Monday, January 07, 2008

The Gathering

Anne Enright's The Gathering won the Man Book Prize in 2007, and it's a really fantastic read. It's woman from a very large Irish family who's brother has died, and all the family members gather for the funeral. The main character has a memory that she's never dealt with, of her brother being abused, and she grapples with the memory, not even sure if it occurred, and feels a guilt and obligation to share it with her other siblings.

Every word of Enright's novel is pure poetry, and she has a way of ending her chapters with killer sentences, the both make you stop to catch your breathe and eager to turn the page. There's a feminist slant that runs through the book as the main character regrets the circumstances of her matriarchs, burdened with one pregnancy after another, so that they were barely able to function. She writes:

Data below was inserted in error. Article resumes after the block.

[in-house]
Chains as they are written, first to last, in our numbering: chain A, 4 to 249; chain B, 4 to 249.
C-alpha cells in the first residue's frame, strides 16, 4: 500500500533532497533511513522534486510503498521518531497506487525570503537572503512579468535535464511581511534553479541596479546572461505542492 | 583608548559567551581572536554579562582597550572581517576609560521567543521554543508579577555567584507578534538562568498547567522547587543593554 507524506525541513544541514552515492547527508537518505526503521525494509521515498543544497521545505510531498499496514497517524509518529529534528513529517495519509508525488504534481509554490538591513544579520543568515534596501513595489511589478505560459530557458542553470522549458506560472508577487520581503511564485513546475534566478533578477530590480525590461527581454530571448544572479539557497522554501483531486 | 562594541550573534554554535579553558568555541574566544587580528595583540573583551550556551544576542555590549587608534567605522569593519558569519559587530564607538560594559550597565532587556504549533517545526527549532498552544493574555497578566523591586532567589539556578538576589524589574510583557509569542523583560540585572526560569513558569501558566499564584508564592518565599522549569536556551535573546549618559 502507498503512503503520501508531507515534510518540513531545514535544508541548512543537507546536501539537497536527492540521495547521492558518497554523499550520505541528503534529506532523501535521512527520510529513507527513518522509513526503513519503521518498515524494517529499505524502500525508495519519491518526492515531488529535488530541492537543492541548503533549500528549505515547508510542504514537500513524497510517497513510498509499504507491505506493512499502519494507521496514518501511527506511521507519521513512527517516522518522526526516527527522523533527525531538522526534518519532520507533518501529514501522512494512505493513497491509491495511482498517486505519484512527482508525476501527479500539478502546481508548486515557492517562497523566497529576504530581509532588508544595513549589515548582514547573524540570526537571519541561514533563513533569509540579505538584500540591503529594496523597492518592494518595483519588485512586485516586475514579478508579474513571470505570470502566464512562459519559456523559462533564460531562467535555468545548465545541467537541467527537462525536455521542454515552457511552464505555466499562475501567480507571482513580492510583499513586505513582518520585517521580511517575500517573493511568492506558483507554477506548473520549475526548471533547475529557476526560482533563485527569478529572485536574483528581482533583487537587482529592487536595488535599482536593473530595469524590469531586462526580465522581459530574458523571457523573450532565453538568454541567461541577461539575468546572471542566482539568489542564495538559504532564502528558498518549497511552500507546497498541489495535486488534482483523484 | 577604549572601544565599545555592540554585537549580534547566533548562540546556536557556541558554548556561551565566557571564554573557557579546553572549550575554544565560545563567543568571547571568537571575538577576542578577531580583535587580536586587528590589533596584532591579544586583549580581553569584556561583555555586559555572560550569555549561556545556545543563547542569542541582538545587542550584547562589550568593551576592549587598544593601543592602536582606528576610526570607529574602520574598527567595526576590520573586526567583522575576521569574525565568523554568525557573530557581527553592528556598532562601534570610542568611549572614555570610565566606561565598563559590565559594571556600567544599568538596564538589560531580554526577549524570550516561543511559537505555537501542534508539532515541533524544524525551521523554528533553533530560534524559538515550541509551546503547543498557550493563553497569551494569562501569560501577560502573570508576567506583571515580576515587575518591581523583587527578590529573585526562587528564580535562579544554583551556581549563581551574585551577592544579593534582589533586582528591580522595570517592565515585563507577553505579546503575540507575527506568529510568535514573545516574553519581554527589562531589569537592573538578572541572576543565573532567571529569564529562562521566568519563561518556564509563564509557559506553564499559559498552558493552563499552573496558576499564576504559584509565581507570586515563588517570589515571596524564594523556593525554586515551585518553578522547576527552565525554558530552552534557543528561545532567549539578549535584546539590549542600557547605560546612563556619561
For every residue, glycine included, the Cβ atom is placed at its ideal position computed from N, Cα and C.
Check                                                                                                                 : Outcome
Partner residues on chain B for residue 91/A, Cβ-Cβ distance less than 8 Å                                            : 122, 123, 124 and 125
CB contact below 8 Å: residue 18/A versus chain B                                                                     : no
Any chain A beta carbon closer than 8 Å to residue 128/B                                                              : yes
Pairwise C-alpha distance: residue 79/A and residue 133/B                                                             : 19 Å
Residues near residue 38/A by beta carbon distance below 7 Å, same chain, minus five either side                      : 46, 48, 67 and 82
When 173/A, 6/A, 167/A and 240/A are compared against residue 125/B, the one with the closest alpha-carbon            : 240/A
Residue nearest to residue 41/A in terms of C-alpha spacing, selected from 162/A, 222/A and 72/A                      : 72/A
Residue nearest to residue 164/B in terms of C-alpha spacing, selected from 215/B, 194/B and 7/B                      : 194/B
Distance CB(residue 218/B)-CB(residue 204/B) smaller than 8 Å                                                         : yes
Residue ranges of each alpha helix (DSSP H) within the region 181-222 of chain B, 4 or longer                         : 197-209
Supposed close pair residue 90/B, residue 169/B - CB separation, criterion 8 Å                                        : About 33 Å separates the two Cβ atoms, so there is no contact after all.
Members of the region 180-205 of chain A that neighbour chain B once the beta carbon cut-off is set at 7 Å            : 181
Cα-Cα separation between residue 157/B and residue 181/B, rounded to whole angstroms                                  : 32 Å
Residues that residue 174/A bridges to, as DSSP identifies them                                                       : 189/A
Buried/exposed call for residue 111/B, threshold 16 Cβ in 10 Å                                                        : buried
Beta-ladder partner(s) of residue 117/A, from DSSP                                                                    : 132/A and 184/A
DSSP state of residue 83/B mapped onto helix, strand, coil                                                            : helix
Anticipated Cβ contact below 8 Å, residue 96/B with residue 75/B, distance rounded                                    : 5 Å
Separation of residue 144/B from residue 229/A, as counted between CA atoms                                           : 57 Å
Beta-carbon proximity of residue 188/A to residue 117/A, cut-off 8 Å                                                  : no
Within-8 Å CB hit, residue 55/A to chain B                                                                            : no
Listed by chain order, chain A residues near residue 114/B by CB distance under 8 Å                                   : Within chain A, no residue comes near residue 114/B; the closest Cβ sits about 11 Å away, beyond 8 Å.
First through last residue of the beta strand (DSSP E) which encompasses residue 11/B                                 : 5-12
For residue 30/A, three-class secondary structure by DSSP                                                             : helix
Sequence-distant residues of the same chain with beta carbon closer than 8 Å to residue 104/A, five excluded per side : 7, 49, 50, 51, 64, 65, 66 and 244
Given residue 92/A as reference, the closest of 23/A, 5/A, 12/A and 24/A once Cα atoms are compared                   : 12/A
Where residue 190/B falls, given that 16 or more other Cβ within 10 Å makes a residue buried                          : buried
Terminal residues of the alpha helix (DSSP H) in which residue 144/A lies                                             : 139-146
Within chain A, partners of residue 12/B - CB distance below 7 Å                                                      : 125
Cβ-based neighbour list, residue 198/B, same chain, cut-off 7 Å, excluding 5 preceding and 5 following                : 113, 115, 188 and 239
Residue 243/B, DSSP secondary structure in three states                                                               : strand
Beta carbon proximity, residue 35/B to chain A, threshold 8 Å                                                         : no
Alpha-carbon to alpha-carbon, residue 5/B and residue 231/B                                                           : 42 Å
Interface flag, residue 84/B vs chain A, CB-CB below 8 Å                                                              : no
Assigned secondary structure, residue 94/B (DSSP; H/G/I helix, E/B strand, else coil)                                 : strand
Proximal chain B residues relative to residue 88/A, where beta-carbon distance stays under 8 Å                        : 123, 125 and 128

I think of her when I do the dishes. Of course I have a dishwasher, so if I ever have to cry, it is not into the sink, quietly like Ada. The sink was her place for this. Facing out of the back of the house, something about the endless potatoes that needed peeling, or the paltriness of the yard, but, like all women maybe, Ada occasionally had a little sniffle and then plink, plink, a few tears would hit the water in the sink. Like all women Ada sometimes had to wipe her nose with her forearm because he hands were wet.

The Gathering's full of big ideas, some of which I haven't really processed yet. When it comes down to it, I suppose she's writing about that odd phenomenon - that we can both love and hate the same person.
God, I hate my family, these people I never chose to love, but love all the same.
It's painfully honest, and I think Enright is one of my new favorite authors.

1 comment:

Kathy said...

Another summary that piques my curiosity. Thanks!